How did we get to where we are today?
LCC has a strong track record of evolution as the technologies and communications methods of the era have developed, ensuring that the College can continue to equip its students for successful careers. Here are some of the milestones of LCC’s proud history and heritage, which involved changes in curriculum, name changes and mergers.
1894 – Our “ancestor”, the Saint Bride Foundation Institute Printing School, opens in Saint Bride Lane as a social, educational and cultural centre, housing both a technical library and printing school to provide tuition for local printers and students. Evening classes are taken by 124 students.
1894 – Another of our forebears, the Guild and Technical School, opens in Clerkenwell Road, moving the follow year to 6 Bolt Court. It becomes known as the Bolt Court Technical School and is rebuilt 1911.
1912 - Mr J. R. Riddell is appointed first full-time principal of St. Brides. Teaching moves from text-book based to practical.
1919 - The first full-time course begins at St. Brides.
1921 – The Westminster Day Continuation School, yet another of the institutions that will later become LCC as we know it today, opens to students. Eight years later it will be renamed the School of Retail Distribution.
1922 - St Bride Printing School moves to 61 Stamford Street, a short distance from the College’s current home, and is renamed the London School of Printing and Kindred Trades.
1929 - North Western Polytechnic opens and includes a Printing School.
1949 - Bolt Court and LSP merge to form the London School of Printing and Graphic Arts.
1953 – The Bolt Court operation moves to the Old Daily Mirror building at Back Hill, Clerkenwell.
1954 – Renowned designer and poster artist Tom Eckersley joined the College to teach undergraduates. Here he established the first undergraduate courses in graphic design in Britain. He was Head of Design at the College from 1957 until 1977.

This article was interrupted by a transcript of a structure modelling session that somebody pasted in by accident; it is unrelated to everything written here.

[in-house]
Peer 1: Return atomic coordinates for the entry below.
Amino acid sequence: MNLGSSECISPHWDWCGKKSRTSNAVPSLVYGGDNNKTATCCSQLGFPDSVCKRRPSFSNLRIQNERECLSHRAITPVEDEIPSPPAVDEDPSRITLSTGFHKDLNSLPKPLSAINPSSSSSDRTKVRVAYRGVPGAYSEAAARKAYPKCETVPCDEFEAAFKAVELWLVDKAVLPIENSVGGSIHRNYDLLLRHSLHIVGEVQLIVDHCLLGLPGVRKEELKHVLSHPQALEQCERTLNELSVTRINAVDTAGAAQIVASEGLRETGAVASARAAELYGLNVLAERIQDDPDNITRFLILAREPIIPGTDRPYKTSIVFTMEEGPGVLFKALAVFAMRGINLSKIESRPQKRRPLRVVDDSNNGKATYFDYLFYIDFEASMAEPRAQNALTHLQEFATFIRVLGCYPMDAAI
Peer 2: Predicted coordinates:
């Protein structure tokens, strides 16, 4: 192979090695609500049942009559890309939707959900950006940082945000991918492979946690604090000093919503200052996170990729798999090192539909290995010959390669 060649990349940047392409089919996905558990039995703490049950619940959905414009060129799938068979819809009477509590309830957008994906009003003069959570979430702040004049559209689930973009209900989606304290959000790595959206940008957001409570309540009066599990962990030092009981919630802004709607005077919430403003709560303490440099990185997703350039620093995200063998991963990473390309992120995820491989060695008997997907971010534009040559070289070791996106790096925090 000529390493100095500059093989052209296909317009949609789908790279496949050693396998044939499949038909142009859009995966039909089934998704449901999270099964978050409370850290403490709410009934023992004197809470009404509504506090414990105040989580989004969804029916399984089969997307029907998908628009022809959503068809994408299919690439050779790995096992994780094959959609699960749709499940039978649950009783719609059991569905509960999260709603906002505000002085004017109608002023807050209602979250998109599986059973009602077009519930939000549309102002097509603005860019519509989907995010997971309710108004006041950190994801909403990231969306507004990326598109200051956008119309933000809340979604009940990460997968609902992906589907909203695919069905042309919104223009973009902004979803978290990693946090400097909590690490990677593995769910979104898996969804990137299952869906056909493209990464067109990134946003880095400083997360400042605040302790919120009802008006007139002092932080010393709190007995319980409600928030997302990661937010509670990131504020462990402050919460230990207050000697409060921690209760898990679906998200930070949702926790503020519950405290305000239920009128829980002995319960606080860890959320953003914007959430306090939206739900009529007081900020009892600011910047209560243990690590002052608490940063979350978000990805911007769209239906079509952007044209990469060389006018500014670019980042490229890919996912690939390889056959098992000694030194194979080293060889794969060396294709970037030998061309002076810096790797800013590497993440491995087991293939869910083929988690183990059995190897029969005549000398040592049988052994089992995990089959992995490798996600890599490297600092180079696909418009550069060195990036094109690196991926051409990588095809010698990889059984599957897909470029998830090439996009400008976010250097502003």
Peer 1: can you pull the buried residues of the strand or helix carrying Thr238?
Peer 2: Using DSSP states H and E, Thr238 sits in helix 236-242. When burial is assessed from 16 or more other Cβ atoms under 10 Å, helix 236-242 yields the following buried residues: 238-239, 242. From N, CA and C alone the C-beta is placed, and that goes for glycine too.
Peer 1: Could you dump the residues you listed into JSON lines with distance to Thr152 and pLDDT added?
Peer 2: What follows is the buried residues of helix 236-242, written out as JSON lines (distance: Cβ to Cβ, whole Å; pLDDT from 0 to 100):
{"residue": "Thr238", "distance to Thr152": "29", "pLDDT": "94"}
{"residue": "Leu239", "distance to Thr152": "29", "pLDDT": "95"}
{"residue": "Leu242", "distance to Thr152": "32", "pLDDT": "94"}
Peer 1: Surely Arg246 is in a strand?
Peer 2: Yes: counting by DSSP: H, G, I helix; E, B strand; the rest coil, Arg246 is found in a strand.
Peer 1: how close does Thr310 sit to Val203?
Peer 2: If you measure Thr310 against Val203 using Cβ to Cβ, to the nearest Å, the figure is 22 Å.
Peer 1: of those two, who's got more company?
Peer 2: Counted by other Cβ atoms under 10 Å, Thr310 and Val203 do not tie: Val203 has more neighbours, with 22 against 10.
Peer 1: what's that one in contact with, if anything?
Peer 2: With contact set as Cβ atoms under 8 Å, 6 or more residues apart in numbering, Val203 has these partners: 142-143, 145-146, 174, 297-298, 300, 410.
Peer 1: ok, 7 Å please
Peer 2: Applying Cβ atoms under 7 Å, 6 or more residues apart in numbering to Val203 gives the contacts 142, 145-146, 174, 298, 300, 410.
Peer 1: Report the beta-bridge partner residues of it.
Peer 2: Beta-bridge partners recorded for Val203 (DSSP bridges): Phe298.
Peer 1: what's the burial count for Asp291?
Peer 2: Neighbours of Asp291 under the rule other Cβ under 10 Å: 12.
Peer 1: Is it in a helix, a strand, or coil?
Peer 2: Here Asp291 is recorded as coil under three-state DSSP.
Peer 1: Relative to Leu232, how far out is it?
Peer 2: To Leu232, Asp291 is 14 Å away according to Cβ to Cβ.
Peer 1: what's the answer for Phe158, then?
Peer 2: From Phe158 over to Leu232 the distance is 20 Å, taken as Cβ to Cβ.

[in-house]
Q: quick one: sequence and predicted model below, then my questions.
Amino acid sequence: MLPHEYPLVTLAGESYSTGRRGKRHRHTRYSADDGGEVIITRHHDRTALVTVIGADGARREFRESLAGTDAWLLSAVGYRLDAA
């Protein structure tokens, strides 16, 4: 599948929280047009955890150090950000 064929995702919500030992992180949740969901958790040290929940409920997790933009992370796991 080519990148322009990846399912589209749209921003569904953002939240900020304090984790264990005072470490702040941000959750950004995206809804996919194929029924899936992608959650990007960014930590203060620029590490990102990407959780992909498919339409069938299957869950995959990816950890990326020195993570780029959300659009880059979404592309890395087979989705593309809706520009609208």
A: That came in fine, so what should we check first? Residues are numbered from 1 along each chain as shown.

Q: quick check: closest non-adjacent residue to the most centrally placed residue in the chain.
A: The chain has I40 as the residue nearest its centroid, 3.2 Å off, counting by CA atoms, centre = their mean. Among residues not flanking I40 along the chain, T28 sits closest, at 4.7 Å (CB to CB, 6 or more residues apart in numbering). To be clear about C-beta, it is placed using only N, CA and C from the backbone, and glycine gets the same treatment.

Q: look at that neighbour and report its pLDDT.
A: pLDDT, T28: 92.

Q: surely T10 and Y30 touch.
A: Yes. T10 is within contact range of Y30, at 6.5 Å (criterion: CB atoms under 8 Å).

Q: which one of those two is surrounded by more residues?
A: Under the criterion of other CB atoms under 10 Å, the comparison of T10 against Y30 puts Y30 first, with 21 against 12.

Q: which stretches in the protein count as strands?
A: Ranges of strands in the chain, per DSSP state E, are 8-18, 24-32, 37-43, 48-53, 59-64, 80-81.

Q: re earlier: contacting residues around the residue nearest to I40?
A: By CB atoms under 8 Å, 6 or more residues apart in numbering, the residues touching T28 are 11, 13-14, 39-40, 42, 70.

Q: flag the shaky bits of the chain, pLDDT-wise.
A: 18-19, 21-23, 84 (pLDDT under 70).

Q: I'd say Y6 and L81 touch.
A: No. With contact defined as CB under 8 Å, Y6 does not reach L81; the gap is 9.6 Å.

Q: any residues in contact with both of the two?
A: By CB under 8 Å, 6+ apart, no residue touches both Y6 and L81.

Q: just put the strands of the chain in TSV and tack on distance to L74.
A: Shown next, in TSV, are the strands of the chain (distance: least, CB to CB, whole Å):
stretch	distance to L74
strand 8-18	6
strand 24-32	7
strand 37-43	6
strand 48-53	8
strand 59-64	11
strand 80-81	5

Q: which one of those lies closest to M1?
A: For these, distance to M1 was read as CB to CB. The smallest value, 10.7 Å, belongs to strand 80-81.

1962 - The College is renamed the London College of Printing and moves to the new campus at Elephant & Castle.
1969 - North Western Polytechnic printing department merges with LCP.
1973 – The Design and Management extension at Elephant & Castle, today known as the Design Block, officially opens.
1985 - The London Institute, the forerunner of the University of the Arts London, our parent university, was formed.
1990 - The College of Distributive Trades merges with LCP to become the London College of Printing and Distributive Trades.
1993 - The London Institute's Taught Degree Awarding Powers are approved by Privy Council.
1996 – The London College of Printing and Distributive Trades is renamed as the London College of Printing.
2000 - Work started at the Elephant and Castle site on the construction of an additional block, now the Media Block.
2002 - The London Institute is granted Research Degree Awarding Powers.
2003 - The London Institute is granted University title. The College’s new entrance is created, producing a new 6000 sq metre state-of-the-art building and refits of other areas at the site. The School of Media moves from Back Hill, Clerkenwell, to its new purpose-built premises at Elephant and Castle.
2004 - London College of Printing renamed as London College of Communication. The London Institute is officially inaugurated as University of the Arts London.